“It doesn’t appear to be as bad as we assumed”

Nils at the gym, a good distraction.

Of course, I was nervous today. I was up extra early, and we even went to the gym with Nils just like every Tuesday. Straight afterward we took a train to the hospital in Amsterdam. Yesterday, at the end of the day, my case was again discussed in the multidisciplinary council at the VUmc. Together with the hematologists, pathologists, neurologists, neurosurgeons and oncologists, they discussed the situation. Today at noon I and Adrienne were invited for a meeting with my neurologist to talk about their conclusions.

When exiting the tram, the first thing that caught my eye was the ominous “cancer center”.

The title of this paragraph was the first thing she said “it doesn’t appear to be as bad as we assumed”. So what does that mean? The whole situation is very complex and very atypical, that surely is the catch phrase. The pathology report reads: “Het geheel is uiterst lastig te interpreteren” which means “it is very difficult to interpret [the biopsy samples]. What they see in the biopsy is an abnormal amount of T cells. But these T cells do not resemble cancerous cells; they do not appear to all originate from the same cell that divides uncontrollably (cancer). It is puzzling why they are there. The hypothesis is now that it is a B cell problem that triggered all the T cells to be there. T cell problems are even rarer than B cell problems. Perhaps my MS medication might have triggered this somehow, as it is an immunosuppressive agent, but this has never been described before. She told us that these cells could be precursors of a lymphoma, so they need to be monitored very closely (additional MRIs).

An idea would be to treat with Rituximab, a monoclonal antibody that targets B cells. This also treats MS, which is a good thing. But since they can’t rule out a T cell problem, messing with the B cells might give rise to unexpected adverse events. That is why she told us that she first wants to discuss the options with the hematologist. They will schedule a new MRIs as soon as possible (this week). In this MRI they want to see what the lesions look like now, perhaps stopping Gilenya would have had a positive effect, although it is probably impossible to judge, the Dexamethasone has probably shrunk the lesions anyway. They also want to check whether the biopsy was taken in the right place, this should still be visible on the MRI (in the worst, but very unlikely, case they missed the mass and sampled only the boundary). Then if all looks ok, they will stop with the Dexamethasone and do another scan 2-3 weeks later. Then if all seems well, a treatment could be started, if the hematologist agrees this might be Rituximab.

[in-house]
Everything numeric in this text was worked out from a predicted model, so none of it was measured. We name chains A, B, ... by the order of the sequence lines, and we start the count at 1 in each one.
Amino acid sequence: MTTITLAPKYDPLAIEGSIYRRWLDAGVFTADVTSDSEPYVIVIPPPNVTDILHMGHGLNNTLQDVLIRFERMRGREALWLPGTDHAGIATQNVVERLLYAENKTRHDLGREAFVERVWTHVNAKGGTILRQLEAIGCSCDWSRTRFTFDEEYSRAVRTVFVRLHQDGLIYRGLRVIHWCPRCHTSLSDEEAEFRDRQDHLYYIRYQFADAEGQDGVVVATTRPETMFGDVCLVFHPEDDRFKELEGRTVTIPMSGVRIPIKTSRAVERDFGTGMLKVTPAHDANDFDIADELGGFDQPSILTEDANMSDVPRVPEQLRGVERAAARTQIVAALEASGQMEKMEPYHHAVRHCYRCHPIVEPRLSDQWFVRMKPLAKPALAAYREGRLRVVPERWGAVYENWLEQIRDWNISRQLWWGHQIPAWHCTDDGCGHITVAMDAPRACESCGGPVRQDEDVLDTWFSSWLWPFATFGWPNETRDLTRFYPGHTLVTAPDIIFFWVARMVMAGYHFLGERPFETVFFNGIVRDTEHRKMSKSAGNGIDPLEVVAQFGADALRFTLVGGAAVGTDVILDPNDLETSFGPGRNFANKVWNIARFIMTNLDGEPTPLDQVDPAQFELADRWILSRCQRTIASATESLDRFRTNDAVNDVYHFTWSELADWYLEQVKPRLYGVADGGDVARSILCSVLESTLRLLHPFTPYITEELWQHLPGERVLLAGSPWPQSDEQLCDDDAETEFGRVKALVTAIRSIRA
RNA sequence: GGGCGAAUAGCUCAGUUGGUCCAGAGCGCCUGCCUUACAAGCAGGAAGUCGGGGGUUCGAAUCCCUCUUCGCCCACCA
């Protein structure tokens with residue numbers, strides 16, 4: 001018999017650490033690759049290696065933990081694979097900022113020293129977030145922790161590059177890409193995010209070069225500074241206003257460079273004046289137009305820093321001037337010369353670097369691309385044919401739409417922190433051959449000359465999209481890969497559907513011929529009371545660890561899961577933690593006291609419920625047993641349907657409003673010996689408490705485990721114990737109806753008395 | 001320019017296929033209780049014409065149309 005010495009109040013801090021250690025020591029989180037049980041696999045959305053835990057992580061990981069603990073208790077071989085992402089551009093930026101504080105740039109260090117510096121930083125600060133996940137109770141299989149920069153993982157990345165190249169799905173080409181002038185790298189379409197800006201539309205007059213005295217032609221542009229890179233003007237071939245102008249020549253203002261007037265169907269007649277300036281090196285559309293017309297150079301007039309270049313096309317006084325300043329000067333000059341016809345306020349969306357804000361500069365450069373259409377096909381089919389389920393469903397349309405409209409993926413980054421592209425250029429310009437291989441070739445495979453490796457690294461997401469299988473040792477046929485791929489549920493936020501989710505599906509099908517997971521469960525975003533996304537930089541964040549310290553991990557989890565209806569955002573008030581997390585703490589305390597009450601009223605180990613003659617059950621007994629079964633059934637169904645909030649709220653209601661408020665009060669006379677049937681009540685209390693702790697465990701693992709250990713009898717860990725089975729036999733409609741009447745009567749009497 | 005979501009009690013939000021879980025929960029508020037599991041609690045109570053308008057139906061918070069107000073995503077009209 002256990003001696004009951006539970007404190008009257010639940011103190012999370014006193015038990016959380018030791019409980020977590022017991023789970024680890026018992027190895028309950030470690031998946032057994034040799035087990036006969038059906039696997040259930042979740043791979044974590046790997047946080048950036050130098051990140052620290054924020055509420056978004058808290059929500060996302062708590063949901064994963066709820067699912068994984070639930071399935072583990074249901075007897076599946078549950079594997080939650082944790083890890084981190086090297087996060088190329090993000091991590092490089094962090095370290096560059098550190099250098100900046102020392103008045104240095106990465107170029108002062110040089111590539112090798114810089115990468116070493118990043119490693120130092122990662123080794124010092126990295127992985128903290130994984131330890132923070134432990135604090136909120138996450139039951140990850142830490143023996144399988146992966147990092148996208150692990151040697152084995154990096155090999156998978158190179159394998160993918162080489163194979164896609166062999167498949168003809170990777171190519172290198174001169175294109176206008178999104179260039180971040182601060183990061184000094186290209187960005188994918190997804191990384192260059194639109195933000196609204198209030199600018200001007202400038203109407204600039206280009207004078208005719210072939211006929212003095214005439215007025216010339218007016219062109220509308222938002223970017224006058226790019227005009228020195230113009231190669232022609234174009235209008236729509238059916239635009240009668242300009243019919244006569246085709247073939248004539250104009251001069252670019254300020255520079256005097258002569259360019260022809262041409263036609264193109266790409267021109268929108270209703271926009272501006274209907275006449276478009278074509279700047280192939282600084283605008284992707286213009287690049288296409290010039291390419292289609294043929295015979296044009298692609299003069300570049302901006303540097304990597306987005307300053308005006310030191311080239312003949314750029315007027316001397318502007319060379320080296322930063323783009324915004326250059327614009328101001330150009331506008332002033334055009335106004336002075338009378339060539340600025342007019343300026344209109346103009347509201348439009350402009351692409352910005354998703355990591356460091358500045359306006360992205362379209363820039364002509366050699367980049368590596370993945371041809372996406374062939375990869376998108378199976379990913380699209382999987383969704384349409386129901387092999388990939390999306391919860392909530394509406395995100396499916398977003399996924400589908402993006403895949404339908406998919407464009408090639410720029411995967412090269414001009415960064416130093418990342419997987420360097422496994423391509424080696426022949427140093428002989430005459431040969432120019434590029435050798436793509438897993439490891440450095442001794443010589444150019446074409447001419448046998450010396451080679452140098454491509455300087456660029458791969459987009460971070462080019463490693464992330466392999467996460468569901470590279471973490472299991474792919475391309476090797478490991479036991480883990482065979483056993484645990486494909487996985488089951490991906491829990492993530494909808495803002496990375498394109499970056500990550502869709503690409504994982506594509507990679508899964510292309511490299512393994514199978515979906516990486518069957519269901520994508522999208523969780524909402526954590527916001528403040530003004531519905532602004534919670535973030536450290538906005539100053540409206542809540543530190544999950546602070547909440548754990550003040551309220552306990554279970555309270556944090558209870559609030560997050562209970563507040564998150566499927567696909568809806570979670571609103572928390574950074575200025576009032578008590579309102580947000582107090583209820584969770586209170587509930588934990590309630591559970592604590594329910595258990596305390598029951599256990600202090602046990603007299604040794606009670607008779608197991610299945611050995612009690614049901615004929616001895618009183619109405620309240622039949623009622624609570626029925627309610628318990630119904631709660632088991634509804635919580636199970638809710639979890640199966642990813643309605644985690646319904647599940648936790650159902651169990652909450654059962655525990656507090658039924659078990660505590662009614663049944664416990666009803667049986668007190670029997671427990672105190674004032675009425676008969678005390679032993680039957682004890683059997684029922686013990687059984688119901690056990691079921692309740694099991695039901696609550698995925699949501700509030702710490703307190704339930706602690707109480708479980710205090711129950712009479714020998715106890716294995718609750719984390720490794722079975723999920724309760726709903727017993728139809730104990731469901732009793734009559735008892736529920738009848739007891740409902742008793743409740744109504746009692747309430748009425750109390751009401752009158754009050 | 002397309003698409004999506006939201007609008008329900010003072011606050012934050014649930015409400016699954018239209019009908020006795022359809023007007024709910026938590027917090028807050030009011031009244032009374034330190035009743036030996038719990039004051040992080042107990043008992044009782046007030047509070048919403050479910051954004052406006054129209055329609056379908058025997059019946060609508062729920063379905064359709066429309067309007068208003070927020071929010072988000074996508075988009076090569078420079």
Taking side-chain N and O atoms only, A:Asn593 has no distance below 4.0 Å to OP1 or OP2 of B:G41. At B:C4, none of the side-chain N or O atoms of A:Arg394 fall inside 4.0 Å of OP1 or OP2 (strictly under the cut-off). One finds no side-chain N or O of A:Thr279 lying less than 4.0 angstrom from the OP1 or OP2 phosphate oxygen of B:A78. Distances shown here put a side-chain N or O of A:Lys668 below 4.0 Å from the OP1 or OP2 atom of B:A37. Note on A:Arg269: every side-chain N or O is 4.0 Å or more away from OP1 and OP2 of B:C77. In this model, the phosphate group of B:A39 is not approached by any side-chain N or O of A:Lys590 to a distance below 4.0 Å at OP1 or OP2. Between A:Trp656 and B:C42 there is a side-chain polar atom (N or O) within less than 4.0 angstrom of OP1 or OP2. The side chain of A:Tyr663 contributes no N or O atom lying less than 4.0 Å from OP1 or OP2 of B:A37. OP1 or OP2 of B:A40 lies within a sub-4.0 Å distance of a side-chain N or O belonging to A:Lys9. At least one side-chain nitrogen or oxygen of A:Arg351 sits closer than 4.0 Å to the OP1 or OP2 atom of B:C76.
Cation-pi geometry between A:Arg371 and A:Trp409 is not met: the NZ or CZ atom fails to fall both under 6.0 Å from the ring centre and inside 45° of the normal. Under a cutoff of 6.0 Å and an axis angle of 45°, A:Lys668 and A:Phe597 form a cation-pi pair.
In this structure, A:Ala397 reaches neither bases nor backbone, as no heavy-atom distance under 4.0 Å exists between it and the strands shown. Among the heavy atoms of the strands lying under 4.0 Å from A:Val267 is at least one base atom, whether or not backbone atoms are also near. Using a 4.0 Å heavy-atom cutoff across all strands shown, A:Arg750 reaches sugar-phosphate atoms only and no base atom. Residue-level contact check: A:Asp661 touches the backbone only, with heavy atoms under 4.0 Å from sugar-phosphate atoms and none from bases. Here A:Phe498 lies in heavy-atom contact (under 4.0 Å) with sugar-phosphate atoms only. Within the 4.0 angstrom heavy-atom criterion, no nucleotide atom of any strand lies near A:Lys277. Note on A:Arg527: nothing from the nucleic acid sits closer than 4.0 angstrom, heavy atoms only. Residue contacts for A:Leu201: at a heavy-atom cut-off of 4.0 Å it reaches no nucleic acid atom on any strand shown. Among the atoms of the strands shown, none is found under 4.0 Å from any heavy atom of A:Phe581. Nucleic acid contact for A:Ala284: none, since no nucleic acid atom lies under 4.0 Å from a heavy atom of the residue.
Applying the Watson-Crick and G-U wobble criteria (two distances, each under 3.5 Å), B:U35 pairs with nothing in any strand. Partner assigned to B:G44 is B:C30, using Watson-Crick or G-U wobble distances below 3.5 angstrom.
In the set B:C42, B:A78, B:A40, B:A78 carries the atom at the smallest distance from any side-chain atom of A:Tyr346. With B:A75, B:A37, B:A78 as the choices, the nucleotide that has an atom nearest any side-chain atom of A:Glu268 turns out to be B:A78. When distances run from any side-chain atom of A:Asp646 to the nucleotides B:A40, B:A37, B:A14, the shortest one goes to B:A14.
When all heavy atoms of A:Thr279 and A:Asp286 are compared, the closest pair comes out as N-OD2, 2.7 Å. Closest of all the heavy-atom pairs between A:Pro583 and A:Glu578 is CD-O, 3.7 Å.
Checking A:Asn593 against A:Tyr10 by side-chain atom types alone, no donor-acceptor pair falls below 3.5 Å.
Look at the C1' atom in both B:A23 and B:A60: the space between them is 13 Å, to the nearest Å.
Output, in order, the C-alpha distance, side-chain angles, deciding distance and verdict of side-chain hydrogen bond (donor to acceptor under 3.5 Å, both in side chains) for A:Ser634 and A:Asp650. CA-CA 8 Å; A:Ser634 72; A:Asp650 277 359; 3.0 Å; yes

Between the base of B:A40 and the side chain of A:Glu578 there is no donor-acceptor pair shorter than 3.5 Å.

All in all, it is the best news I could receive in this situation. Of course, things are not at all miraculously solved, but given the entire situation, knowing that it is not a definite lymphoma, or even something worse, is good news for now.

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